Couching his comments with, “I wouldn’t contrast the two,” Henry said from the dais that ownership was “extremely desirous of bringing in someone who would augment and add, as opposed to bringing in someone who might have been an autocrat.” Read the rest of this entry »


Sunday Notes: Red Sox Prospect Thad Ward Has a Chris Sale Slider

Thad Ward didn’t make our Red Sox Top Prospect List prior to this season. Baseball America wasn’t bullish on the 22-year-old right-hander, either. Their rankings went 30-deep, and Ward didn’t make the cut.

Next year will be a different story. Ward was a revelation in his first full professional season, fanning 157 batters, and allowing just 89 hits, in 126-and-a-third innings. Those numbers came between low-A Greenville and high-A Salem, where his cumulative ERA was a sparkling 2.14.

His slider is his best pitch.

“It’s a Chris Sale slider,” is how Red Sox pitching guru Brian Bannister described it to me in late September. “It’s a sweeping slider, with a similar shape to Jhoulys Chacin’s or Corey Kluber’s. It has that extra horizontal component to it.”

That’s long been the case, although Ward’s understanding of the how-and-why is recent. When he reported to spring training this year, the 2018 fifth-round pick out of the University of Central Florida got a crash course in Pitching Analytics 101. Read the rest of this entry »


Mark Trumbo Talks Hitting

Mark Trumbo has always had pluses and minuses as a hitter. He’s consistently hit for power, but at the same time he’s displayed sub-par on-base skills. A free-swinging approach has been the major culprit. The 33-year-old slugger has walked just 299 times in 4,419 big-league plate appearances, largely because of a 50.6% Swing% and a 37.1% 0-Swing%. When he does make contact, he hits bombs. Trumbo has 218 home runs, and that includes a 47-home-run season.

He’s long recognized his limitations. Moreover, he’s owned up to them. An interview that ran here in April 2016 was titled “Mark Trumbo on Home Runs and (Not) Drawing Walks“. How to change for the better has been the issue, and truth be told, Trumbo’s reached a point in his career where that probably can’t happen. Not because he’s incapable of adopting a more disciplined approach — that would actually be a priority now — but rather because his playing days may be coming to an end. Trumbo played in just 12 games with the Orioles this year due to a knee injury, and even if he does return to full health, he’s somewhat of a square peg in a round hole. Today’s game is anything but kind to one-dimensional boppers.

Trumbo talked about the art and science of his craft, including his recent role as a mentor and the likelihood of one day becoming a hitting coach, on the last weekend of the 2019 season.

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David Laurila: You’re a veteran player on a young team. Do you see yourself as a mentor?

Mark Trumbo: “I enjoy talking hitting. As far as being a mentor, just by age alone there’s probably an element of that. But hitting is the thing I’ve done the longest in life, and it’s what I’m surrounded by the most, so I find myself naturally segueing into conversations that delve into all aspects of it — be it the mental, or physical, component. Adjustments have always been particularly interesting to me. That’s whether they come over the winter, or in-game. Regardless of when that is, there are a lot of things that can allow you get to another level.”

Laurila: Adjustments obviously vary in size and scope.

Trumbo: “Yes. The bigger changes usually happen over the winter. People are making fairly drastic swing changes, or their entire approach becomes different from what it was before. The day-to-day adjustments usually relate more to timing, rhythm, and pitch selection. As someone who has taken quite a few at-bats, I can usually offer insight into those topics.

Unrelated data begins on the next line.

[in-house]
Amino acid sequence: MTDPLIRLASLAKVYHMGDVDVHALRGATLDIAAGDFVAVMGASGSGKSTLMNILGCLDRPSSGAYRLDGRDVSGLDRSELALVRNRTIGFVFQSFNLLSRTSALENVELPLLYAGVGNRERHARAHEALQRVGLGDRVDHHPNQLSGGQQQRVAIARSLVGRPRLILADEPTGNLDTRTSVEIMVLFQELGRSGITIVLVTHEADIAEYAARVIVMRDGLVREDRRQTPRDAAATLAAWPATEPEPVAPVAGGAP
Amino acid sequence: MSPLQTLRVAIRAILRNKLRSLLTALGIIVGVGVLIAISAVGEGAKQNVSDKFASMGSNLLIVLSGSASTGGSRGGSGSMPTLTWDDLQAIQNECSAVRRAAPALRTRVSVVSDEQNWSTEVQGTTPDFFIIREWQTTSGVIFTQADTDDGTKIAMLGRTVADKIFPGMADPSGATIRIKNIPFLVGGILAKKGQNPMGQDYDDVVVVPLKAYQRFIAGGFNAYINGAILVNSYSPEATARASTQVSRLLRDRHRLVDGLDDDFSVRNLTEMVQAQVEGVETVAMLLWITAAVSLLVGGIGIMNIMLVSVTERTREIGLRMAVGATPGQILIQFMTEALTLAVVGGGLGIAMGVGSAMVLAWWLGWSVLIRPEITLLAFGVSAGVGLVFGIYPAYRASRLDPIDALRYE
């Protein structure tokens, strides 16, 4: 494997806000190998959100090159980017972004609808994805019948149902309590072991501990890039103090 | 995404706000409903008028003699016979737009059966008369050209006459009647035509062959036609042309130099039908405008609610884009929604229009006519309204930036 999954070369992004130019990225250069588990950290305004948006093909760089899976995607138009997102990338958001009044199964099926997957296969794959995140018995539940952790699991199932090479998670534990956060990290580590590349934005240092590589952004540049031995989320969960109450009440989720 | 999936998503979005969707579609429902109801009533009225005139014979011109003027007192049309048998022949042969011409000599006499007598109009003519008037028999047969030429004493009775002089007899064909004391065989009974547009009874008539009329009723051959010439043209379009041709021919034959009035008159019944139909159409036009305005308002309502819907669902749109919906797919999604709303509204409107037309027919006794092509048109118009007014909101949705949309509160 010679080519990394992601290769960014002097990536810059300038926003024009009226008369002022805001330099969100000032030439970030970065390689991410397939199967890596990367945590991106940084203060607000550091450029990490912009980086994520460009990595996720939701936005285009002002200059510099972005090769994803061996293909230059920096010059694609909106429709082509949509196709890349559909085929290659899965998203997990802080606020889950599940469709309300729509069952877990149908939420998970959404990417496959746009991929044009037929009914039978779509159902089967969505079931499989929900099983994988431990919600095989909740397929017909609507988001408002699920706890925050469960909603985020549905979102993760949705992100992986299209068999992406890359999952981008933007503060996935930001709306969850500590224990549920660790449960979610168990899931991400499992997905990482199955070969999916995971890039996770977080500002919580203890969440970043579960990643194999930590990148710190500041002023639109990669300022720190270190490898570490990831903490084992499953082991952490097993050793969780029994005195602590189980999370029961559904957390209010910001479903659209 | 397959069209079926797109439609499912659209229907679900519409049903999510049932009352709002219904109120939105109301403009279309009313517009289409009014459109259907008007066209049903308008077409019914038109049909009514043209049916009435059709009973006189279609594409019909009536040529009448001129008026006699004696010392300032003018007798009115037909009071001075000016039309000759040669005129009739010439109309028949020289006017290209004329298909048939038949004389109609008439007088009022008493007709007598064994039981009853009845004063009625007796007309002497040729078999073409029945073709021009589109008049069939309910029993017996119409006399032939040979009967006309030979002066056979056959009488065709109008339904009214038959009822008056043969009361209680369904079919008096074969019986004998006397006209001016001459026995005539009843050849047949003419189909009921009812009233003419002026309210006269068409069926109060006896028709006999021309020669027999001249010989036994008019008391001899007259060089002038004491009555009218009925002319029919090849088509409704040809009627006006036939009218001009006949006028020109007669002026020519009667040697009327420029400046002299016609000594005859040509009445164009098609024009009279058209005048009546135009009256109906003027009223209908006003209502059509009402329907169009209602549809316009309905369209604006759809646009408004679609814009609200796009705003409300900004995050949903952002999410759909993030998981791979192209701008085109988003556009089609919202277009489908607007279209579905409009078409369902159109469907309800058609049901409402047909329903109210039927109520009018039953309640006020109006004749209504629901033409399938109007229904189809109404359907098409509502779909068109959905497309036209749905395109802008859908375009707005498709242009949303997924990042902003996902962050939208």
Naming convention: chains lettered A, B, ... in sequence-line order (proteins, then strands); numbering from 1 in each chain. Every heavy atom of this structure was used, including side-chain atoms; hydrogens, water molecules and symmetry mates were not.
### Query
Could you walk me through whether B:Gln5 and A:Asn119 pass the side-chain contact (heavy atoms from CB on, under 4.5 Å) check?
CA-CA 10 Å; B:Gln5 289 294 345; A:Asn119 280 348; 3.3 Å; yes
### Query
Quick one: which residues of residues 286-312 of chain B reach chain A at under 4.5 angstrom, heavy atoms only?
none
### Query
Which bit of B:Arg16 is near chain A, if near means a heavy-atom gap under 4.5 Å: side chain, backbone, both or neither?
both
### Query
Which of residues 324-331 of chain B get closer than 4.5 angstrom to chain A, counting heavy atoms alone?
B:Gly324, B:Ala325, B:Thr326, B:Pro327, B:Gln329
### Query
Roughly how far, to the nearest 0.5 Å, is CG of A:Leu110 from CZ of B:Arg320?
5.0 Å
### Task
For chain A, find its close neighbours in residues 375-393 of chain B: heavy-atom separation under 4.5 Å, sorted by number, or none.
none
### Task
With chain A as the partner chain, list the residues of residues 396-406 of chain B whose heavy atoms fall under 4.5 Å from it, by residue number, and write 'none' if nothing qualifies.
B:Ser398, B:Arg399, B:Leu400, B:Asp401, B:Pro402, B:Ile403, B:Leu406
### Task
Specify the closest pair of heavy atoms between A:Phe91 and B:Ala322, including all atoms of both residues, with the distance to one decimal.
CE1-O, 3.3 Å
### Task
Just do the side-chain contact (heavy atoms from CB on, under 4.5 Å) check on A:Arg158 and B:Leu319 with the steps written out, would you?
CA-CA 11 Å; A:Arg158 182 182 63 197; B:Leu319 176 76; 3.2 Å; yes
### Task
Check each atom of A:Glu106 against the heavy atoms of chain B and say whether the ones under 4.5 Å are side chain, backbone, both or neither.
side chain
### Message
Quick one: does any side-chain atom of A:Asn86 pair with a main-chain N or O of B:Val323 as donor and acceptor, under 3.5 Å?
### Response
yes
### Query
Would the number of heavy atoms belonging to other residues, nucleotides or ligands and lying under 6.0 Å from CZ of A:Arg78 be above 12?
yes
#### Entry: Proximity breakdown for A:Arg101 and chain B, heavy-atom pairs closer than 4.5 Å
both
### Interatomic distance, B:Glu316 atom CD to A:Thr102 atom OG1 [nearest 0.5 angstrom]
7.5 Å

“That said, I’m very much interested in the mechanics of a swing. I’ve always looked at guys who are getting it done at a highly-consistent level, and tried to see if I can steal some of their moves, so to speak. I’ve tried to figure out what is allowing them to be as productive as they are, in hopes that I can incorporate some of those things into my own game.” Read the rest of this entry »


A Conversation with Red Sox Analytics Department Overseer Zack Scott

Zack Scott is currently one of four people running Boston’s baseball operations department. Along with Raquel Ferreira, Brian O’Halloran, and Eddie Romero Jr, the 16-year member of the team’s front office is keeping a chair warm while the search for Dave Dombrowski’s replacement continues. His core responsibilities remain largely the same. Scott’s title is Senior Vice President/Assistant General Manager, and per the Red Sox media guide, he “oversees the club’s Baseball Analytics and Baseball Systems departments.”

What is the current state of Boston’s analytics department, and how much has it changed since the University of Vermont graduate (B.S. in Mathematics) joined the organization in 2004? I addressed those questions with Scott following the completion of the Red Sox season.

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David Laurila: How much has the Red Sox analytics department grown over the years?

Zack Scott: “There’s been a lot of growth, not just with us, but in the industry. As you know, there’s been an explosion of data. Throwing out round-number estimates, when I started there were around 10,000 data points, and now it’s more like 10 billion data points. And a lot of that has been the last five years. So the need to grow is apparent; there’s only so much you can do with a short staff.”

Laurila: How many people are currently in the department?

Scott: “We added five new employees last offseason. Overall, our R&D team is 15 people. It’s around half analysts, half software developers/technology-implementation.”

Laurila: There’s a perception that the Red Sox went from one of the top analytics teams in baseball to one that is below the top tier. Is that accurate? Read the rest of this entry »